Space, time, and Donald Judd reconsidered.
“It’s funny: I’ve never been scared on a shuttle mission. It’s just the nature of the job. You’re busy, you’re focused, you’re well trained, and you go, ‘You know, if I’m going to die, there’s nothing I can do about it.’”
Spoiler alert: The mythic Marfa lights may not be real. But there’s no way to know for sure, and that’s why they’re cool.
Writer-at-large Jan Reid on entrepreneur Richard Garriott and commercial space flights.
Why Texas could lose the biotech revolution—and end up, once again, an economic also-ran.
The break-up of the space shuttle Columbia was a chilling reminder that the astronauts who dare to dream and risk their lives for the benefit of all mankind are, at the end of the day, mere mortals.
On the strength of a simple if indelicate question—“Who’s the Father?”—Houston’s Caroline Caskey has made a big splash in biotech.
This summer’s hot topic? Weather.
To perfect a promising new gene therapy, doctors at Houston’s M. D. Anderson need time. Unfortunately, that’s one thing people with malignant brain tumors don’t have.
The inside story of how industrious NASA scientists discovered signs of life in a Martian rock and boosted the fortunes of the tabloids, Hollywood producers, and even the president.
Beaming over a new aircraft landing device.
The death of the superconducting supercollider may have been traumatic, but at their core the people of Waxahachie haven’t changed.
After a decade of lab work at Baylor College of Medicine, this husband-and-wife team has solved the mystery of hyperinsulinism.
Combining the latest technology with an old-fashioned passion for her work, Austin astronomer Anita Cochran redefined the solar system. Now her star is on the rise.
The dinosaurs had been doing just fine for 150 million years. All of a sudden …
A Texas scientist ruffled some feathers when he said he had found the first bird.
Our fearless reporter survives a close encounter with UFO investigators.
A state breeding program aims to fatten up the trim, pugnacious bass.
Ken Barnes wants to keep his dinosaur fossils near home.
At a Central Texas facility, researchers show lab-raised chimps things their mothers never taught them.
Computers will finally use commmon sense if an Austin high-tech team can make them think like people.
In a land of contrasts, a few hours can mean the difference between drought and deluge.
The seeds of the Challenger disaster were sowed long ago, in the space agency’s conflict between its ideals and its politics.
Their business may read like a sci-fi script, but these aging astronauts, former Nasa engineers, technocrats, and high-risk junkies are serious about selling space.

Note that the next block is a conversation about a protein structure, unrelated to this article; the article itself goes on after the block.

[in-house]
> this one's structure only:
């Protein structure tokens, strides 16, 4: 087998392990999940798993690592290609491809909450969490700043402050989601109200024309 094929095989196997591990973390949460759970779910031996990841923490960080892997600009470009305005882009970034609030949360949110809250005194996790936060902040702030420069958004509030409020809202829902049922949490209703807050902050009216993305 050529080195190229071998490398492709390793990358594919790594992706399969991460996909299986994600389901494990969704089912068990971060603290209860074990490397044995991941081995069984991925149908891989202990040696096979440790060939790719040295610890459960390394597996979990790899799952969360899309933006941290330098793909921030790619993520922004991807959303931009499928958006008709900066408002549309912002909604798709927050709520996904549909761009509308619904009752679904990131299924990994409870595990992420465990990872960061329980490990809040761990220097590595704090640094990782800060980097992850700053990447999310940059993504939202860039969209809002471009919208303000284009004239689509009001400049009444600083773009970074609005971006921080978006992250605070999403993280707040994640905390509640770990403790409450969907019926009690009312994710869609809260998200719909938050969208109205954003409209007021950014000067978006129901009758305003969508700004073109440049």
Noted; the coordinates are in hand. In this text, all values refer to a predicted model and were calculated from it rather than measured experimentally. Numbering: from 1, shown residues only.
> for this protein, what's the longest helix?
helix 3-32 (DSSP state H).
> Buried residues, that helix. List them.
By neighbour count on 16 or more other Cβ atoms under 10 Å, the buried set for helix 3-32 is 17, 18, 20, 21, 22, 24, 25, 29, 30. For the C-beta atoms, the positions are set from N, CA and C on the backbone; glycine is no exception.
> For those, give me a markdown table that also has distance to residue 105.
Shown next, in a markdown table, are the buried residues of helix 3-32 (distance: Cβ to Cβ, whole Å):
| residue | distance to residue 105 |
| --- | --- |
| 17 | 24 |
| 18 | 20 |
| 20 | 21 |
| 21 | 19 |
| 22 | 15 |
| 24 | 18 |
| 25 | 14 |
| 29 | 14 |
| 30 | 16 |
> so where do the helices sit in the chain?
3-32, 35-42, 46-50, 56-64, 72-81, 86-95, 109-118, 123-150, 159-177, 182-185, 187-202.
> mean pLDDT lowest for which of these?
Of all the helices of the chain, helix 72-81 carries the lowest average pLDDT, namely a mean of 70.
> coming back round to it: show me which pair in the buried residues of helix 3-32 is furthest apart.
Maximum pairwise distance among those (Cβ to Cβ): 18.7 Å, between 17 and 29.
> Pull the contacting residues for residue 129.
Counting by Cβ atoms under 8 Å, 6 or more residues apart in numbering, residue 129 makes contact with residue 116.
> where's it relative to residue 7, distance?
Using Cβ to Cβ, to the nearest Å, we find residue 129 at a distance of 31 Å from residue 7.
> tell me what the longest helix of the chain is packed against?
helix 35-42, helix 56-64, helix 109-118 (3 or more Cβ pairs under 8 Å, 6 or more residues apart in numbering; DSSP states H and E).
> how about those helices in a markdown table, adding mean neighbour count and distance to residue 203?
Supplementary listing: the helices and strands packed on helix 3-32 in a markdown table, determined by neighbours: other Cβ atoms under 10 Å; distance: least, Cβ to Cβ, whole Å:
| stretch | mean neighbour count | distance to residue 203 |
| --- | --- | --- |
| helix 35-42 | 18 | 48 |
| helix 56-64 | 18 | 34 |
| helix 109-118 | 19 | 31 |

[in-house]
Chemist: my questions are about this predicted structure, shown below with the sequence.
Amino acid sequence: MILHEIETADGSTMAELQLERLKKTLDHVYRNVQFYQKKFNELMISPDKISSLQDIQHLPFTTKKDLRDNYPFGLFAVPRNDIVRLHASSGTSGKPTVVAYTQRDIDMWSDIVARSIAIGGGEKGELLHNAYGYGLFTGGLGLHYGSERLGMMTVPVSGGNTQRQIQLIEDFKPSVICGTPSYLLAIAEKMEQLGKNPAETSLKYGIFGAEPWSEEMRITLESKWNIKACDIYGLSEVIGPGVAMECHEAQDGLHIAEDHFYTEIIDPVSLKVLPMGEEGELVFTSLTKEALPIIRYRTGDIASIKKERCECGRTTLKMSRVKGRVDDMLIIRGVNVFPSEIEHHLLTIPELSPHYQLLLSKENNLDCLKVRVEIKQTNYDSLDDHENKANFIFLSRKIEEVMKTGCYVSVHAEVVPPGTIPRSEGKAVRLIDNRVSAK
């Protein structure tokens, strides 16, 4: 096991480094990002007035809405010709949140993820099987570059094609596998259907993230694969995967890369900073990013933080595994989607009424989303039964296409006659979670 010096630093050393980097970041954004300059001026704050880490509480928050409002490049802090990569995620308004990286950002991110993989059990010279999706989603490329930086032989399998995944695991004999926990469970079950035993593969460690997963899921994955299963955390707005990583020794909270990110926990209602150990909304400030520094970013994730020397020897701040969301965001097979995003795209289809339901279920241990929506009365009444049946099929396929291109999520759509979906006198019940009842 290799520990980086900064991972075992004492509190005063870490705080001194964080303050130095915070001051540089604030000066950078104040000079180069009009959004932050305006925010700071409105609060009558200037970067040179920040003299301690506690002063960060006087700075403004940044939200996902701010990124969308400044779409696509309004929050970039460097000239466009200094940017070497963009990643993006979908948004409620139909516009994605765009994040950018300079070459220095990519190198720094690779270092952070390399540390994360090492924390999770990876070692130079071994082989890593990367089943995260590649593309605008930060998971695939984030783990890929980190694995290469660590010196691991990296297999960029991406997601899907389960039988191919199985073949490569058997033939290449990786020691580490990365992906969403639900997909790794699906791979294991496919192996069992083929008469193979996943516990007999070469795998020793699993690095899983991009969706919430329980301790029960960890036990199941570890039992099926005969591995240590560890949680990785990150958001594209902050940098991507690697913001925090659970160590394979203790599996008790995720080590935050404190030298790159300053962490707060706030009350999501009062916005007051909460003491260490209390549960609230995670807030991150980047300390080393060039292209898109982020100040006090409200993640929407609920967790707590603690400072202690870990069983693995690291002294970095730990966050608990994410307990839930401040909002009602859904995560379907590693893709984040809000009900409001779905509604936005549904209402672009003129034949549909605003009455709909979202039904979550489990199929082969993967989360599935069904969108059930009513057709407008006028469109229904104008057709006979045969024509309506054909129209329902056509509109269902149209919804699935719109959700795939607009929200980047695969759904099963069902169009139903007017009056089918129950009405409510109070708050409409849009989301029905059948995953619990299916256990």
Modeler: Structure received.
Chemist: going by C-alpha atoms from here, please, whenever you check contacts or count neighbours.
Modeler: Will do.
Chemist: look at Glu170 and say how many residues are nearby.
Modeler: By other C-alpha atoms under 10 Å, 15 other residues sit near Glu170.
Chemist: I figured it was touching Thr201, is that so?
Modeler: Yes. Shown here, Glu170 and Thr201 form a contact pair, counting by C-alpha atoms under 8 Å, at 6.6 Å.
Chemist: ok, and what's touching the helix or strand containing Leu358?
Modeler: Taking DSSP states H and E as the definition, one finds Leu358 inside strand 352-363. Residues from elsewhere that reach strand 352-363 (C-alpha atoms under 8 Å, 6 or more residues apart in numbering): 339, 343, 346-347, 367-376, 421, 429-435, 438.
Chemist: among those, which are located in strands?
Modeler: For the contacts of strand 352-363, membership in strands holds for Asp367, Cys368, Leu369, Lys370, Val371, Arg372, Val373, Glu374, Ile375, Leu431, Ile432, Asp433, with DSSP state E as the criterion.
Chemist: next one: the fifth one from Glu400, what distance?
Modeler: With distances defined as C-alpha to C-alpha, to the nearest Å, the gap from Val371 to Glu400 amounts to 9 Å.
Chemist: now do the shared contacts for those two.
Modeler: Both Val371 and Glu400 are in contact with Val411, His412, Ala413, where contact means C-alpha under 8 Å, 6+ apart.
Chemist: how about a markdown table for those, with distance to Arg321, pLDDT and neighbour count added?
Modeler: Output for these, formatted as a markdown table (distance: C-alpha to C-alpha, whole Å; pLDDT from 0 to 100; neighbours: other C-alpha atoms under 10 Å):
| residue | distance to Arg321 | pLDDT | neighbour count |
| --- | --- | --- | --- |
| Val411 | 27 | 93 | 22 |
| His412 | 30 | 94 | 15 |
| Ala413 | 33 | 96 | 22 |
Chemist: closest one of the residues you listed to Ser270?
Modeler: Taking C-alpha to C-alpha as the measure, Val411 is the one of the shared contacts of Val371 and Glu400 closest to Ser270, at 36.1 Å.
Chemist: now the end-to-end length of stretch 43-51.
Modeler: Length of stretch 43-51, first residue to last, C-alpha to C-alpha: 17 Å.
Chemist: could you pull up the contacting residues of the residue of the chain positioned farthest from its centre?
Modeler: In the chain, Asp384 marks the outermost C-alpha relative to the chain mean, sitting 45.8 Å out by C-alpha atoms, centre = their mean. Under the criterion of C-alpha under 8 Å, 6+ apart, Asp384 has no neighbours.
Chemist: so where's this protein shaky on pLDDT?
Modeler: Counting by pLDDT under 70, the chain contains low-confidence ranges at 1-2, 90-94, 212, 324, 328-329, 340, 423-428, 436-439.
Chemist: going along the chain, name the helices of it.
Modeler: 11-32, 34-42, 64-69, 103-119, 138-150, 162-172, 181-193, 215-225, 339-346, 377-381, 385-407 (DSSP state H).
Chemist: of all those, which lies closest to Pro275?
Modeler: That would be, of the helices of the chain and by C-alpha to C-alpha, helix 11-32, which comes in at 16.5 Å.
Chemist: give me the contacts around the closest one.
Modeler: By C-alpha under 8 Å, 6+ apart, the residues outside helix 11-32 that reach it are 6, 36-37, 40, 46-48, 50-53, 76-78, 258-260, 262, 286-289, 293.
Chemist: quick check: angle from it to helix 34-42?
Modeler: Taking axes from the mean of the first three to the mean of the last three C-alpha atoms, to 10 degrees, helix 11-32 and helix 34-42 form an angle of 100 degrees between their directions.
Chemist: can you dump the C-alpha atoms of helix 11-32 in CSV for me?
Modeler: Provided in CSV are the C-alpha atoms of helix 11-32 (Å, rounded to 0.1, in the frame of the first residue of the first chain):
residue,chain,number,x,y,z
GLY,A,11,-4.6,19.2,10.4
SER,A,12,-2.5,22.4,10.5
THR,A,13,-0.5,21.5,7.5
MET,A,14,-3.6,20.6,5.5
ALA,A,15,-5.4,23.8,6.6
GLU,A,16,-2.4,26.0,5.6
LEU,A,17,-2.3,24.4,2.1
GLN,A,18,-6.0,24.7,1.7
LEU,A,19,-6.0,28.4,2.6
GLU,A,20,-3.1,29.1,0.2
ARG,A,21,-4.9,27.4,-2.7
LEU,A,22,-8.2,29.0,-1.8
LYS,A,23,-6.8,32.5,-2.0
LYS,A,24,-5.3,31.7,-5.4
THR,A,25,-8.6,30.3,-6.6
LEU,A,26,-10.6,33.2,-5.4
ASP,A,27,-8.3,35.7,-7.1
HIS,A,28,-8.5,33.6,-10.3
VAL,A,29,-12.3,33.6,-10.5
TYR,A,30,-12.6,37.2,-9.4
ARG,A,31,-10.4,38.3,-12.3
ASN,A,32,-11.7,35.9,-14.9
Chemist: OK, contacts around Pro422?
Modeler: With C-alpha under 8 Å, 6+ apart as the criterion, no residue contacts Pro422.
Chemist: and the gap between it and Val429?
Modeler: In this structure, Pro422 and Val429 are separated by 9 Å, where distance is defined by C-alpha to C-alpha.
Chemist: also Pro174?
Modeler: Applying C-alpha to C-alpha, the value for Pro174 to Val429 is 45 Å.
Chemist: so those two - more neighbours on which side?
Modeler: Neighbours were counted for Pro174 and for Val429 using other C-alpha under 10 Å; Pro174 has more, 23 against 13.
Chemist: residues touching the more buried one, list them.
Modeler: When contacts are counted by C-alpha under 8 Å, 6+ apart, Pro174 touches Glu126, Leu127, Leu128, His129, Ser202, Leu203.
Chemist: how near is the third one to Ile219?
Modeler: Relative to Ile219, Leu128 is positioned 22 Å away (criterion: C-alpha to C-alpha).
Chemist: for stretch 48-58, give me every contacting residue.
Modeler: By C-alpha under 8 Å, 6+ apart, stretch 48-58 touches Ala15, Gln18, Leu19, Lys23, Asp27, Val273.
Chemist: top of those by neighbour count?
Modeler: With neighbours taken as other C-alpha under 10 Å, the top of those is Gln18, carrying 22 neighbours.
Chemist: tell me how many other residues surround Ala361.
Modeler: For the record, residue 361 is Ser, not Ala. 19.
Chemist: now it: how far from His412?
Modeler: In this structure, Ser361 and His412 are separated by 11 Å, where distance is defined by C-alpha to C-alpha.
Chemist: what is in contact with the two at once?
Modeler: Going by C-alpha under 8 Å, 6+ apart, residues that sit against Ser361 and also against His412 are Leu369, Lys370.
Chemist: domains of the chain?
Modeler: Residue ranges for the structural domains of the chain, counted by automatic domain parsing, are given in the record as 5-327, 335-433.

Alice in Wonderland never discovered a mushroom half as exotic as Texas’ own native fungi.
The odds for having a child of our own were slim to none. We took a chance on slim.
Are eye surgeons miraculously changing the lives of folks with glasses as thick as Coke-bottle bottoms, or are they just making themselves rich ?
When armadillos weighed three tons and the long horns were on dinosaurs.
His first spacecraft blew up on the pad and his primary investor died, but the first free enterprise rocket finally flew from Matagorda.
Side by side near a Texas river are dinosaur tracks and what appear to be the marks of a human foot—proof, in the creationist mind, that evolution is bunk.
In Austin, experts in genetics are helping parents of children with birth defects come to terms with the most painful questions of their lives.
Along the silent, lovely beach, tiny armies fight in the tide, fierce battles rage in the sky, and nocturnal marauders slither across the sand.
Ten years ago the Apollo astronauts, technicians and scientists all, landed on the Moon and touched what poets only dreamed. But that touch changed their lives.
Lasers have been heralded as the greatest discovery since the computer, but they may be hazardous to your health.
That’s the message Ray Stanford sends nightly into outer space; so far no one has answered.
Star light, star bright, will the computer work tonight?
How the Texas heat can sap your energy, dull your intelligence, send you to an early grave, and make you sweat.
What you eat affects the way you think; and what you think affects the way you eat.
One giant step backward for the Moonmen.